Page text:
Difference Between Fur Seals And True Seals


There are 34 species of seals and sea lions globally, and I have been lucky to study many of these and have been on many seal watching tours. It is pretty tricky to tell the difference between seals as most are similar colours and shapes. However, there are two subfamilies of seals, and it is pretty easy to tell these apart.

Fur seals are also known as eared seals and differ from true seals, which don’t have ear flaps. By thinking of fur seals as eared seals and true seals as earless seals, it is easier to determine the seal species.

There are several other differences between fur seals and true seals. Sea lions are in the same family as fur seals, so let’s look at the differences.

The behaviour of seals is fascinating.  Find out more here

Eared seal

Fur seals

Fur seals are known as eared seals as they have external ear flaps which are long and lie low on the head. Fur seals are part of the family Orariidae, along with sea lions.

Fur seals are different to true seals in their movement. Fur seals can walk or run with their limbs tucked below the body. They have long, bent fore flippers, and unlike true seals, they can point their hind flippers forward, rotating them under the body. Fur seals can raise their bodies, and they have sharp nails.

Fur seals have a double layer of fur, and unlike the dog-like face of a sea lion, fur seals look more like an otter with a pointed, longer face.

Females are darker in colour and lighter than males, who are much larger and have sandier coats with a larger mane.

There are nine species of fur seal:

  • Australian fur seal
  • Brown fur seal
  • Galapagos fur seal
  • Guadalupe fur seal
  • Juan Fernandez fur seal
  • New Zealand fur seal
  • Northern fur seal
  • South American fur seal
  • Subantarctic fur seal

Do you know what animals do when they break a bone?

Difference between fur seals and sea lions

Sea lions are in the same family as fur seals but are in a different subfamily. Sea lions are members of the Oariinae subfamily, while fur seals are the Arctocephalinae subfamily. Although both members of the Otarariidae family, there are several differences between them.

Because they are both in the same family, let’s look at their differences before we look at the difference between fur seals and true seals.

Sea lions are generally larger than fur seals. Sea lions have ear flaps, but they are longer and lower on true seals’ heads. Sea lions have a face that is dog-shaped, with a broad nose. Telling a sea lion apart from a fur seal because of their ear flaps is much harder than telling them apart from a true seal.

Sea lions only have one layer of fur compared to the double layer found on a fur seal. Sea lions can often be found nearer the coast while resting on sand than fur seals which prefer laying on rocks.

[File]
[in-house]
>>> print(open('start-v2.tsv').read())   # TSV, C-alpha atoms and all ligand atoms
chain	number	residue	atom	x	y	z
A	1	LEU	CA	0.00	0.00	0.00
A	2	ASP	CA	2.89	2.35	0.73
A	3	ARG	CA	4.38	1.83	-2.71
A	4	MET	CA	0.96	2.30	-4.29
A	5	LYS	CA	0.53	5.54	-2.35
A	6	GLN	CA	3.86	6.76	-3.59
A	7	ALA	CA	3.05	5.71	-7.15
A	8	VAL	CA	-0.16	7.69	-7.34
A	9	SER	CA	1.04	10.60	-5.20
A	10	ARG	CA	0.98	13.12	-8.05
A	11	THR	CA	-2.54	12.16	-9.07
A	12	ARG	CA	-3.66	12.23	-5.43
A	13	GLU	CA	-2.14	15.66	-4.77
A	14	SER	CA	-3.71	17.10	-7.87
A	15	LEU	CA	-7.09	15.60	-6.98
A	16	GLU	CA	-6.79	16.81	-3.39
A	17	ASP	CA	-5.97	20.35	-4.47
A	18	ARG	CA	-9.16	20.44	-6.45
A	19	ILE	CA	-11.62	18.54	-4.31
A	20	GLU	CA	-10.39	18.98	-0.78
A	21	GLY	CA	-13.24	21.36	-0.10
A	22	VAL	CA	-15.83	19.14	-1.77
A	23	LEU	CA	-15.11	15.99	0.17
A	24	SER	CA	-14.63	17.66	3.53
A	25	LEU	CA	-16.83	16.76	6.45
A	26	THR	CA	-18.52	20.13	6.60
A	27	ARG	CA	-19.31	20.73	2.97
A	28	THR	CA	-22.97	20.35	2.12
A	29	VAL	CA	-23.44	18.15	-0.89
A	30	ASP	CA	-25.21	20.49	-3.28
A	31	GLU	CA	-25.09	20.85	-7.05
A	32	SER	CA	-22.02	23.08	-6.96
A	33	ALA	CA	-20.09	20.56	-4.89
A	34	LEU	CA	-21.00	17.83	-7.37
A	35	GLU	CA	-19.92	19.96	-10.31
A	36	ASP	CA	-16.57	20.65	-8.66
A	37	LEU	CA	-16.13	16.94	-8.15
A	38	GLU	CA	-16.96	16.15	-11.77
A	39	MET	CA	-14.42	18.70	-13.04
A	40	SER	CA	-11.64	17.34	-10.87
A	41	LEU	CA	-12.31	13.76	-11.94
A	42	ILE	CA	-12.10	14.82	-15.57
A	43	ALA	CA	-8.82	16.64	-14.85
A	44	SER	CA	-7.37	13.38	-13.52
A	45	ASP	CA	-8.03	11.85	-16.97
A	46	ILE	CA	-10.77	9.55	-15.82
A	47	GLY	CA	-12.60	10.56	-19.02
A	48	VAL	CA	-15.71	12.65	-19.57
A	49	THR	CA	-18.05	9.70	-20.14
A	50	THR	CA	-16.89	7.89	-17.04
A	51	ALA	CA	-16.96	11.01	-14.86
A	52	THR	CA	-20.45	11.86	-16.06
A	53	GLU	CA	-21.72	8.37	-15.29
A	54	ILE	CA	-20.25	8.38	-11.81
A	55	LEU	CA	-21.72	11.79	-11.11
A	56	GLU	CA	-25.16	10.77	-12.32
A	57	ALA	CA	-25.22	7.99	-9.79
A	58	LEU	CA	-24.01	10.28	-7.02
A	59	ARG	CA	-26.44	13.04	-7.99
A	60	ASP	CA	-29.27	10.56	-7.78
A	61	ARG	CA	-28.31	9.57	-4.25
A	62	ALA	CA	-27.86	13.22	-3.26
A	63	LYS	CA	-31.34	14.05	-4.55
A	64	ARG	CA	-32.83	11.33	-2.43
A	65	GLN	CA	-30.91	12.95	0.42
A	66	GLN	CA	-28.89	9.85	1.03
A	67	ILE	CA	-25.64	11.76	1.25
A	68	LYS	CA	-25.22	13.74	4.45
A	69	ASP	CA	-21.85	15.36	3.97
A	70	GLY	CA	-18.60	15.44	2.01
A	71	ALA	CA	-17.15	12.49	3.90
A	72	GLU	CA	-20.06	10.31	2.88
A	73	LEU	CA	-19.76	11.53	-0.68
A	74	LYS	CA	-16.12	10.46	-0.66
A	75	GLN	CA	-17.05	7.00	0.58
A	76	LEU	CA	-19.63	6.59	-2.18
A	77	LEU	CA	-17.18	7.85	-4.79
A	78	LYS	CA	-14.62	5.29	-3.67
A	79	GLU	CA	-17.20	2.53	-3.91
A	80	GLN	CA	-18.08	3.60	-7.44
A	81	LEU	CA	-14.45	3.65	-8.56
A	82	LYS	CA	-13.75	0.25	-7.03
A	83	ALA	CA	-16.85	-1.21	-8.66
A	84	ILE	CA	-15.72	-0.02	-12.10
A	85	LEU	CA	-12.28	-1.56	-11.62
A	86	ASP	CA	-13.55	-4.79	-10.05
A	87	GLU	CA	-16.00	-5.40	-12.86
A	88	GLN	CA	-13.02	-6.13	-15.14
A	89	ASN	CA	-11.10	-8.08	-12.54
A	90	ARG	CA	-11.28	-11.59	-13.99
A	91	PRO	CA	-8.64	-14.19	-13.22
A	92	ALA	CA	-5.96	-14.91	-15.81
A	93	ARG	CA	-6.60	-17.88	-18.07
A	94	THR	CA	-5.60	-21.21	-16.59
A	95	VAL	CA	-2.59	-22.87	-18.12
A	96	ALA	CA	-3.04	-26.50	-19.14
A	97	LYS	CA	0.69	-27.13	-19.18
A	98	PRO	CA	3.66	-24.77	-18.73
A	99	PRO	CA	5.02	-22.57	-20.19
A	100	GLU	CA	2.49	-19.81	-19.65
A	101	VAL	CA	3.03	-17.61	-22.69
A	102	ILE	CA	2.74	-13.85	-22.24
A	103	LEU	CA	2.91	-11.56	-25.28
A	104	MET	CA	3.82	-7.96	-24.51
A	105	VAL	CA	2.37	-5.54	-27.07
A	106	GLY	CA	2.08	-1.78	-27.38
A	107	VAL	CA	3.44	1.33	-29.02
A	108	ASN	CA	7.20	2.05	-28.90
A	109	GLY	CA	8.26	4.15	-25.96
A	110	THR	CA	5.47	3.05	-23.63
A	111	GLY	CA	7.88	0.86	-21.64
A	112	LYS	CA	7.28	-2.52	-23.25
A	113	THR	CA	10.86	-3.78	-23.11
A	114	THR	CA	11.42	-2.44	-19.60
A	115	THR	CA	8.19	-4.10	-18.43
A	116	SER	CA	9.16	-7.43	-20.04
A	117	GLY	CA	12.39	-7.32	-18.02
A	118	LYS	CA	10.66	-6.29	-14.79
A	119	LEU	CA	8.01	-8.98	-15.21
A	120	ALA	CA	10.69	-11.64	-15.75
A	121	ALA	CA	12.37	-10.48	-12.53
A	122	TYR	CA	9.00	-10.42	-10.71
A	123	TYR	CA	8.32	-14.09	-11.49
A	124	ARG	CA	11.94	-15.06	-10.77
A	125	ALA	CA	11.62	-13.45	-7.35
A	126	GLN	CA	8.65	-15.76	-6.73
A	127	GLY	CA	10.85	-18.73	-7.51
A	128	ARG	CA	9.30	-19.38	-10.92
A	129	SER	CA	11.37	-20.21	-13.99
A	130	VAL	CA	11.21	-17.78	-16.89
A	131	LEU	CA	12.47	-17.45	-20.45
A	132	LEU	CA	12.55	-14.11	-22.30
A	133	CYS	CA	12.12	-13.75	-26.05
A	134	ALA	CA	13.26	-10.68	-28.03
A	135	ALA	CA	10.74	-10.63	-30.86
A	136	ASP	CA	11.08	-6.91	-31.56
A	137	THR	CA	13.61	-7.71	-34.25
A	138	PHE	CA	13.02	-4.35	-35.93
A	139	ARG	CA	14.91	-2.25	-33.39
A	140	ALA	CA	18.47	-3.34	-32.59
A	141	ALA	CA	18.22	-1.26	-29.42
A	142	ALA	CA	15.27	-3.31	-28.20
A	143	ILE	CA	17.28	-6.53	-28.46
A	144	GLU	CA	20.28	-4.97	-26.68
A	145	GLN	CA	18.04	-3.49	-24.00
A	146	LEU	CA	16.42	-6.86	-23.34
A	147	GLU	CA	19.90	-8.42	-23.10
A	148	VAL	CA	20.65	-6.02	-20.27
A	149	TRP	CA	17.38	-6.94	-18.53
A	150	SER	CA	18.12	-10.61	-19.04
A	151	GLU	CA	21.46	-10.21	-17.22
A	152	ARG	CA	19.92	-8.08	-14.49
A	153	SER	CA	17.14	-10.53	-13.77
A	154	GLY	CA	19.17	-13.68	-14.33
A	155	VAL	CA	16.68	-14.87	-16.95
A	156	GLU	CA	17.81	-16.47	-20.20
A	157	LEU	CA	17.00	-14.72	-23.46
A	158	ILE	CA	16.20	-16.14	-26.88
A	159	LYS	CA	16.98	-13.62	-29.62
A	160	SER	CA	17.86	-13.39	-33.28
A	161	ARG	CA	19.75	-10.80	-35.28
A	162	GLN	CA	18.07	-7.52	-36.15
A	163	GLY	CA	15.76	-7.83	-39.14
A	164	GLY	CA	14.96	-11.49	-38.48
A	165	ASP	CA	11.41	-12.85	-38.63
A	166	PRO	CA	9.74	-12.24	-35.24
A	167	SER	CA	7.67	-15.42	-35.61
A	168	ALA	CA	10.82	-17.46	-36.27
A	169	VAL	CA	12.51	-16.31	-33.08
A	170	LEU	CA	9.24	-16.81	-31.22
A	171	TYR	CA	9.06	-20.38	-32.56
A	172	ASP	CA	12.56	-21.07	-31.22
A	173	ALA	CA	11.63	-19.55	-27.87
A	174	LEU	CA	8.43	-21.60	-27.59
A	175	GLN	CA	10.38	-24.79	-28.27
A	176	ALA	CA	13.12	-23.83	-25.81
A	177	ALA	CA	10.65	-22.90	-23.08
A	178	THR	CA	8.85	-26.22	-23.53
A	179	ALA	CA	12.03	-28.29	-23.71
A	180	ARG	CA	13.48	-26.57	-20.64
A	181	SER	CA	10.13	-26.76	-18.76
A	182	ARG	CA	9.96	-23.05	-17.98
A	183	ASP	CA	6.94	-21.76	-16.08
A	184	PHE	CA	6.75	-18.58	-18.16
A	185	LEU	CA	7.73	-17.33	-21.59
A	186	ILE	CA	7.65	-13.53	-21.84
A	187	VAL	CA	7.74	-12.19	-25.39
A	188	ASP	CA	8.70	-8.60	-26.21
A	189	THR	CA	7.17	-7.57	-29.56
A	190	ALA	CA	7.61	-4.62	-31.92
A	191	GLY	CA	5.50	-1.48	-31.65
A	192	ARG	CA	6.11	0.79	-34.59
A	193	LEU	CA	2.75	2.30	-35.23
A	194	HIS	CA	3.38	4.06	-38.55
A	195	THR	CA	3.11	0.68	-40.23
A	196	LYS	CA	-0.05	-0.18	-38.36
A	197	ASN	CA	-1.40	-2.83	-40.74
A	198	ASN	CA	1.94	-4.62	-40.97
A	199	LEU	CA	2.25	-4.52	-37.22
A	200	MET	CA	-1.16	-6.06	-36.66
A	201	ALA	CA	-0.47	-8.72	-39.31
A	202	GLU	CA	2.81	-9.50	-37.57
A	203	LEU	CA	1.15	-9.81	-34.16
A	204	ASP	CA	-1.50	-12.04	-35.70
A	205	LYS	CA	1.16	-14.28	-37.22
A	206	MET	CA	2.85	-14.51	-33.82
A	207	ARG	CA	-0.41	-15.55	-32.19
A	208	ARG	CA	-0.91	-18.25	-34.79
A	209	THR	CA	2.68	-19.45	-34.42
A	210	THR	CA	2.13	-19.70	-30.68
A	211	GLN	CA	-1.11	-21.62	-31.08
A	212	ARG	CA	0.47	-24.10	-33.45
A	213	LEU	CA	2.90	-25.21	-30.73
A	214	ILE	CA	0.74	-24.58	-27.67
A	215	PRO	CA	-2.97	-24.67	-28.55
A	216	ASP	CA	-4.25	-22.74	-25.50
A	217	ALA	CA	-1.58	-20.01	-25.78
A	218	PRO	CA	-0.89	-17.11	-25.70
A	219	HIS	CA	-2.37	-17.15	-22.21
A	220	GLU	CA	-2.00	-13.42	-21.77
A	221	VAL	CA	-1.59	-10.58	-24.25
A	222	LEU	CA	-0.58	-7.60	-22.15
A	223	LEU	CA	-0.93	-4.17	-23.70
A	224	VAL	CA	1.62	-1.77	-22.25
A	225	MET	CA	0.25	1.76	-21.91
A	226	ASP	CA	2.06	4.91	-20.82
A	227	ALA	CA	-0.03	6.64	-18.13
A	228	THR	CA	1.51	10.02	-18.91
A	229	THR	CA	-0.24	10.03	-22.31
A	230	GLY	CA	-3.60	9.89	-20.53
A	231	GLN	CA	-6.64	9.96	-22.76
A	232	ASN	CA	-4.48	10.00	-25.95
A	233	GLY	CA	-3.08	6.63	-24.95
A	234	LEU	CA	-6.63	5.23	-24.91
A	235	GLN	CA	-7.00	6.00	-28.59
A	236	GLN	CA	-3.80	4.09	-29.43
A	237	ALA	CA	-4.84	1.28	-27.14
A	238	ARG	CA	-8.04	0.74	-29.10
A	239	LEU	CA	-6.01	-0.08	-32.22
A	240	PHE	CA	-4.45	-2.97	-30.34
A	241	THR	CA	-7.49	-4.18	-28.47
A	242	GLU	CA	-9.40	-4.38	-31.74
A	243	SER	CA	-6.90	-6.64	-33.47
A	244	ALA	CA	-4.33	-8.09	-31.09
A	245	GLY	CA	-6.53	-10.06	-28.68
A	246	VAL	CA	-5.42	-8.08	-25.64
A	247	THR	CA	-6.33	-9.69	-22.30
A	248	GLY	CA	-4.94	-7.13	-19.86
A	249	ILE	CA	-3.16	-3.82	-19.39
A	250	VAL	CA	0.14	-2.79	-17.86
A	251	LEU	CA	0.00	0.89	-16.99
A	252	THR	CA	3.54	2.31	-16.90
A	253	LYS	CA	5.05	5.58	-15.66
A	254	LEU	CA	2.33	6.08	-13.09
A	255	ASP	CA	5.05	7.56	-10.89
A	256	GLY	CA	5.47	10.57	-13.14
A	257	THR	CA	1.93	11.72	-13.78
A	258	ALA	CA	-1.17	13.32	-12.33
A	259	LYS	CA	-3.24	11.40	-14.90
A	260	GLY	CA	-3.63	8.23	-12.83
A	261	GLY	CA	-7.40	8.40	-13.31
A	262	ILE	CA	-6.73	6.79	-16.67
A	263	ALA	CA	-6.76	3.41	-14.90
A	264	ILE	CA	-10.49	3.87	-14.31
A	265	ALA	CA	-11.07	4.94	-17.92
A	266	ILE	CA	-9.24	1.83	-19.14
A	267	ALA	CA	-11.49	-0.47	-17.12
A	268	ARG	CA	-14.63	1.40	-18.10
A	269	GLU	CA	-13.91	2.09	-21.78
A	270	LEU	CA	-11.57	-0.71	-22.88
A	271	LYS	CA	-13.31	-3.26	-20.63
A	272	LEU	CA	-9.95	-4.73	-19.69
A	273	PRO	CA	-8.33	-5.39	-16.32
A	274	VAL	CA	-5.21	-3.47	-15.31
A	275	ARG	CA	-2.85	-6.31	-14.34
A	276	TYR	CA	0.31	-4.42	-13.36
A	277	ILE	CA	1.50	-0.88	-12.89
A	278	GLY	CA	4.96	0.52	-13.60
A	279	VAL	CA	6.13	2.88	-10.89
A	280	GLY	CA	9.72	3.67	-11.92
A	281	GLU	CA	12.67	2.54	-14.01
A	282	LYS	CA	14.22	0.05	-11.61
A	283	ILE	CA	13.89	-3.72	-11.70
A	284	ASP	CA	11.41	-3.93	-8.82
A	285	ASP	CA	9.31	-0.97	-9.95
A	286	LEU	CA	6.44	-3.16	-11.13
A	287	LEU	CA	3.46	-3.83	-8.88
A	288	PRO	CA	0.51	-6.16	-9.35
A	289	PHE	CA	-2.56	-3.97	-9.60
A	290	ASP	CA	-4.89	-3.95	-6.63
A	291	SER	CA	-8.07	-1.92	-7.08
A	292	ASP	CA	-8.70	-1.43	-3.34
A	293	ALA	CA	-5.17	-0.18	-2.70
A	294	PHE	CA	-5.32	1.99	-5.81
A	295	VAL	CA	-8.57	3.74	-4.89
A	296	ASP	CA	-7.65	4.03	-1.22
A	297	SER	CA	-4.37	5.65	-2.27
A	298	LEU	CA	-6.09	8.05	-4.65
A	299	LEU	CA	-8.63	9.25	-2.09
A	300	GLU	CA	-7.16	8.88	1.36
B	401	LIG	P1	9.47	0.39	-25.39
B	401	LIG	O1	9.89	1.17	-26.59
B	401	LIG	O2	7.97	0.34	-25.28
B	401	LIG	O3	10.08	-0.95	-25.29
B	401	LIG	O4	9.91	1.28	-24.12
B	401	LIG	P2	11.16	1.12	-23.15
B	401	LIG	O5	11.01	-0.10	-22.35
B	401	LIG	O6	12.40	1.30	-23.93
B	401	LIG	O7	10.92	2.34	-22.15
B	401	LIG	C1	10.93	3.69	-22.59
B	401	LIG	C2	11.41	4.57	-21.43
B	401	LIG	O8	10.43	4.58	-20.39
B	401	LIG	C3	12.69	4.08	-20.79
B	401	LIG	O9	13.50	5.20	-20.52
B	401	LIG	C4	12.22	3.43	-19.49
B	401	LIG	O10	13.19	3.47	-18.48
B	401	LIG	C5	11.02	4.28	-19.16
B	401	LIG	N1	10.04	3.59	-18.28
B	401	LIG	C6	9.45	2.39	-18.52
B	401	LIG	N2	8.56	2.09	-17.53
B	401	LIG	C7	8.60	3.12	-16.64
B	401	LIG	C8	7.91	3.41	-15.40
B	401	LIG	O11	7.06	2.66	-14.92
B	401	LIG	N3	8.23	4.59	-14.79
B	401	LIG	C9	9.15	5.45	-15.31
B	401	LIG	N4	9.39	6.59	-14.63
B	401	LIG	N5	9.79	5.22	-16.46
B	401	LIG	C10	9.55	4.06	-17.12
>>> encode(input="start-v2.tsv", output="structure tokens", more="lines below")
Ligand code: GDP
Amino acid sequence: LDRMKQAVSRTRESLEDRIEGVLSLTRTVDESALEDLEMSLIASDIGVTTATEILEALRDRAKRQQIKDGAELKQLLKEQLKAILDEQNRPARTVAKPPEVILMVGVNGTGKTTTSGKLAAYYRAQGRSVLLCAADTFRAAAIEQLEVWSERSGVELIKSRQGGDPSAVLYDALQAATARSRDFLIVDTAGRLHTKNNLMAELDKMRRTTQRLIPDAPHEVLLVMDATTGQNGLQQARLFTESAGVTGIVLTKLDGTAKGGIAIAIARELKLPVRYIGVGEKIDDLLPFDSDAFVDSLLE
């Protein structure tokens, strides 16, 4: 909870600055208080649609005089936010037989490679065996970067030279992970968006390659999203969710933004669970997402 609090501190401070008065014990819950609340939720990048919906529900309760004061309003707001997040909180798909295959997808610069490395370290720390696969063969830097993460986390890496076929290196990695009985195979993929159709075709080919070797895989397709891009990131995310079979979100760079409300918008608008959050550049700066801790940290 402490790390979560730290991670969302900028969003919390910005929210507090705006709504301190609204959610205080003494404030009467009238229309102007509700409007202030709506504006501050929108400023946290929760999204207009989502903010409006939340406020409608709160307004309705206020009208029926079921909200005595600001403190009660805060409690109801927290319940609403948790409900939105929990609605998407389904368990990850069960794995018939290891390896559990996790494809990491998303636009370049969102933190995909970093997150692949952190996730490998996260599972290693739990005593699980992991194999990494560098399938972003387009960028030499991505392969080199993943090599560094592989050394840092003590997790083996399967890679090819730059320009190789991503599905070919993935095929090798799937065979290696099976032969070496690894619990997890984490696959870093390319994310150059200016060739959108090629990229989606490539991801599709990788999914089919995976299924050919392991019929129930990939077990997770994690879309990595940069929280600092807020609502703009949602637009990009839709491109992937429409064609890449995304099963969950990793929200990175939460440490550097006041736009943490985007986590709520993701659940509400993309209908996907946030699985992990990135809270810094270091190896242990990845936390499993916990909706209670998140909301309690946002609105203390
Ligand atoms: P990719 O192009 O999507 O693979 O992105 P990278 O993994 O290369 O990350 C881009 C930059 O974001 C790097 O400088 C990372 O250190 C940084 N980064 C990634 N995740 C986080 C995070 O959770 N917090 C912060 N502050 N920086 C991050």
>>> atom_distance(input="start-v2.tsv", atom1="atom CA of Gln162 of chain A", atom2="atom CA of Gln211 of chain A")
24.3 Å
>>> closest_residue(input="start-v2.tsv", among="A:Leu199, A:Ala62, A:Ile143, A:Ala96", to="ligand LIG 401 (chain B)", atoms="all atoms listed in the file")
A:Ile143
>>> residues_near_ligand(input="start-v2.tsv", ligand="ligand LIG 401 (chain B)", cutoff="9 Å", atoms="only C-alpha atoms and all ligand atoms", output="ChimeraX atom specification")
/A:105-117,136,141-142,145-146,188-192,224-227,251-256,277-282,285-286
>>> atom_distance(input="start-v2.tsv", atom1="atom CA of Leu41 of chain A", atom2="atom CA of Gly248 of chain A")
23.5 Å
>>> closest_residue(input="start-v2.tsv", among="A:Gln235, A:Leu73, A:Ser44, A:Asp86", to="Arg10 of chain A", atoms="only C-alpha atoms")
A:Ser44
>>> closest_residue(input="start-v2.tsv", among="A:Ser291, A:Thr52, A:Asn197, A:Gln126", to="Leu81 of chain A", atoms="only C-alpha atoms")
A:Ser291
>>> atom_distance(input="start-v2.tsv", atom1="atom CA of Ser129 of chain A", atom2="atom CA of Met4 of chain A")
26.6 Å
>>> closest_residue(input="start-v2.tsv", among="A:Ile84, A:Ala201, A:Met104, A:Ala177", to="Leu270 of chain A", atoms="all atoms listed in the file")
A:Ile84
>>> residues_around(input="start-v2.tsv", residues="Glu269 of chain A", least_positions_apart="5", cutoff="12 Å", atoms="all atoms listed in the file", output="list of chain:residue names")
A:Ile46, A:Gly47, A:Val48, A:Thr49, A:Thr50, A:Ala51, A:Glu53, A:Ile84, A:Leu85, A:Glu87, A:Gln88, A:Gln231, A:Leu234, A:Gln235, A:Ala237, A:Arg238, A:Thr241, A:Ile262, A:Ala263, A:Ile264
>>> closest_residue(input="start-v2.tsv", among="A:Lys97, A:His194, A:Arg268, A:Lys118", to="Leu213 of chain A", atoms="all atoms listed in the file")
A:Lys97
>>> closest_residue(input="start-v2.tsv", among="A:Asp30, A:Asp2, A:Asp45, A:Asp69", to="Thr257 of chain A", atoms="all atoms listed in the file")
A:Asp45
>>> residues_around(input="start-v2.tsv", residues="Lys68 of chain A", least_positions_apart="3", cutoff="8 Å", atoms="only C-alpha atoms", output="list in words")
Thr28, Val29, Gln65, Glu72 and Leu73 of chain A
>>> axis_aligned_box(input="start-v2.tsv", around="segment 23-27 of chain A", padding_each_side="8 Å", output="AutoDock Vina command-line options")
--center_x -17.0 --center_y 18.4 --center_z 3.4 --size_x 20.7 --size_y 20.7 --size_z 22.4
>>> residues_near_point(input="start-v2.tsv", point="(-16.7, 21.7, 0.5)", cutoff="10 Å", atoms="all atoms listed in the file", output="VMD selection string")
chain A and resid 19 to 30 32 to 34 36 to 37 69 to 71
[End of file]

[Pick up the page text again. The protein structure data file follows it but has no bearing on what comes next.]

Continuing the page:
Sea lions are much noisier than most other seals and can be heard barking from a distance. Sea lions have much larger front flippers than seals do. They are covered in thick skin, whereas seal flippers are webbed.

There are six species of sea lion:

  • Australian sea lion
  • California sea lion
  • Galapagos sea lion
  • New Zealand sea lion
  • South American sea lion
  • Steller’s sea lion

Did you know that seals are semi-aquatic?  Find out why here

Earless seal

Difference between fur seals and true seals

True seals are members of the Phocidae family and are often called earless seals. They are semi-aquatic mammals and spend much of their time in the water. They are excellent divers and swimmers and can reach considerable depths. Some seals, such as the elephant seal, can dive for over one hour. They slow their heart rate down to beats of just four or five beats per minute to be able to do this.

True seals swim with their strong hindlimbs, which they move from side to side to propel themselves forward. While on land, they cannot rotate these forwards, one of the differences between earless seals and fur seals.

True seals do not have ear flaps, unlike fur seals with a long flap. They can hear, however, and have a small ear canal. When viewing seals on land, it is quite apparent which are fur seals and true seals from the ear flaps or lack thereof.

True seals are divided into two groups. These are true seals from the Northern Hemisphere and monk seals and true seals from the Southern Hemisphere.

While all species of seals are different, several earless seals can easily be told apart. The harp seal is white with a black harp pattern on the back, and the ribbon seal is coloured with black and white rings, although females are usually brown with pale rings.

When comparing species of seals, it is often difficult as many are similar. To tell the difference between a fur seal and a true seal is relatively easy; all you need to do is look for the ear flap. However, the ear flap can be challenging to see when a seal is swimming, so the overall size, facial appearance, fur colouring and pattern, and the behaviour are key to telling the difference.

There are nineteen species of true seals:

  • Mediterranean seal
  • Hawaiian monk seal
  • Caribbean monk seal
  • Northern elephant seal
  • Ross seal
  • Crabeater seal
  • Leopard seal
  • Weddell seal
  • Hooded seal
  • Bearded seal
  • Harbor seal
  • Spotted seal
  • Ringed seal
  • Baikal seal
  • Caspian seal
  • Harp seal
  • Ribbon seal
  • Grey seal

Do you know how seals breastfeed?  Find out here in this article I wrote.

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